Airspace Lounges are "a direct-to-consumer brand," explains Anthony Tangorra, president of Airspace, a division of the huge airport logistics firm called Swissport. "We're bringing lounge access to the 90 percent of people who have never had one. Airport lounges are an accessible luxury."

Airport lounges for mass-market fliers is hardly a new idea. European and Asian airports have for decades offered public, pay-per-visit clubs. Companies such as Servisair and Plaza Premium operate the public lounges to supplement the private, by-invitation-only airport clubs run by international airlines.

Here in the states, however, airport clubs have been almost solely the province of the domestic carriers. They've built club networks at airports around the country, but only in cities where they run a large number of daily flights. While attractive enough, the lounges, with names like American Admirals Club or Delta Sky Club, are largely run as waystations to wait between flights.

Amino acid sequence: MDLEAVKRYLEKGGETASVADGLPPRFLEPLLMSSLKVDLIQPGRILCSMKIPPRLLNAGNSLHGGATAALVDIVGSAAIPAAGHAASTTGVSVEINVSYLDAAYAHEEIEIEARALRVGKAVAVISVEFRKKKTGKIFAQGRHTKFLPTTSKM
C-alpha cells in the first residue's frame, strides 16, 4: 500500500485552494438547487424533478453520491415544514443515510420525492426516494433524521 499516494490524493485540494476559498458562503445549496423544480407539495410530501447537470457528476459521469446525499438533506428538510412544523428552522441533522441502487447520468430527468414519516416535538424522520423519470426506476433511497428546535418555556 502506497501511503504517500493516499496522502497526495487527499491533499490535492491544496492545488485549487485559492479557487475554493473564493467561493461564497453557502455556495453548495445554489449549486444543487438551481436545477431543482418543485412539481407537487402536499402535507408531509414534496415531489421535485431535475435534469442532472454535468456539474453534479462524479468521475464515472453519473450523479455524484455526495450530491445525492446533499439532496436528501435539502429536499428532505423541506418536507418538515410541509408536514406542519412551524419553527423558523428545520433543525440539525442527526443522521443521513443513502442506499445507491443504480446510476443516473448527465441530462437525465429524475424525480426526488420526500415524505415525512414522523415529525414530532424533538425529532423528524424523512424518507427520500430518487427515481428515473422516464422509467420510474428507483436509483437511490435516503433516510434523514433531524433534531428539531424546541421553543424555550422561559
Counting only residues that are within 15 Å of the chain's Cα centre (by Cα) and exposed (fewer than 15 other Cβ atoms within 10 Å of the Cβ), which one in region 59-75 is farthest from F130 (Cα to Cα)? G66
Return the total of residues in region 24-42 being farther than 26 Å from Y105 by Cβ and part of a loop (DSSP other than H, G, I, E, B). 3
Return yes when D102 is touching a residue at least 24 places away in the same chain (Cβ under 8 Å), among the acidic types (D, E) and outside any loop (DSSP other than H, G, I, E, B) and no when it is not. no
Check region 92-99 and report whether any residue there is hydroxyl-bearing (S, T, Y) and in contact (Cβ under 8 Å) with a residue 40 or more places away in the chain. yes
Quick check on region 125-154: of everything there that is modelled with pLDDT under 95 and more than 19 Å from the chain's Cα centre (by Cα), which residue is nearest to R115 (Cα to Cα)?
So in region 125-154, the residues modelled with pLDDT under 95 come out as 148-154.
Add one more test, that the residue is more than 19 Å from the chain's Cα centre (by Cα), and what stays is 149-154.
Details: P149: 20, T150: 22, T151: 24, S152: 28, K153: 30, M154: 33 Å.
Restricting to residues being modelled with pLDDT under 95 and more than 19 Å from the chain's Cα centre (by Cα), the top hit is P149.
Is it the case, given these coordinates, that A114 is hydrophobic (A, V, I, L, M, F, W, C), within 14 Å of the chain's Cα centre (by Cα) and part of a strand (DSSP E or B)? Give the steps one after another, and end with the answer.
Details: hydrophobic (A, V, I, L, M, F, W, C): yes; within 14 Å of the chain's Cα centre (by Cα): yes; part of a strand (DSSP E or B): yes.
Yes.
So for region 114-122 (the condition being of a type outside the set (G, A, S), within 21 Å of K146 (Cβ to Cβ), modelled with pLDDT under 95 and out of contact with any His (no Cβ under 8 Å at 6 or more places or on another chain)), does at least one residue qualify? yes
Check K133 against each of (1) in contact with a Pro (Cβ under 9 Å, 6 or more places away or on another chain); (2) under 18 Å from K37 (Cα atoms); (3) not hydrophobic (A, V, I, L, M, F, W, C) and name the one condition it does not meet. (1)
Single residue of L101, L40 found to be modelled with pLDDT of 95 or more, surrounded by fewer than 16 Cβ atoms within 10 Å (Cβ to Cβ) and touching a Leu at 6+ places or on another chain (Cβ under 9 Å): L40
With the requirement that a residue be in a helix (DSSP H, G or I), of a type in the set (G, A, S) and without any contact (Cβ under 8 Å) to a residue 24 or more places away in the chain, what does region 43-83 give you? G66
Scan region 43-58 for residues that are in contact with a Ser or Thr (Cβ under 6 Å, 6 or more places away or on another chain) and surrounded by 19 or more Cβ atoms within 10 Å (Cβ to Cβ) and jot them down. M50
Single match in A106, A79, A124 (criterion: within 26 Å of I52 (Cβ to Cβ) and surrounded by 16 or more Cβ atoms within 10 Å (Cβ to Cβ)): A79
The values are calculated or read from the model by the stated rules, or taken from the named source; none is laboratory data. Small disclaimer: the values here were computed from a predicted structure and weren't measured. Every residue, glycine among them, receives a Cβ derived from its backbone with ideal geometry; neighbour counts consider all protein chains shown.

But the new "public" private airport clubs such as Amex's Centurion Lounge are much swankier and nearly a destination to themselves. Available free to holders of the by-invitation-only Amex Centurion Card or for $50 a visit for other Amex members, the lounge offers restaurant-quality meals and snacks, a high-end bar and relaxation areas. There are also quiet, private workspaces and all of the power and Internet connectivity needed to work productively before, between or after flights.

"We're not getting into the airport lounge business," insists American Express vice president Stephen Selwood, who hold the title head of loyalty and innovations. "We open lounges as an amenity for cardholders and in a variety of venues," pointing out that Amex also operates cardmember-only clubs in several large convention centers. Still, Selwood admits, "demand from our customers for lounges in airports is getting louder."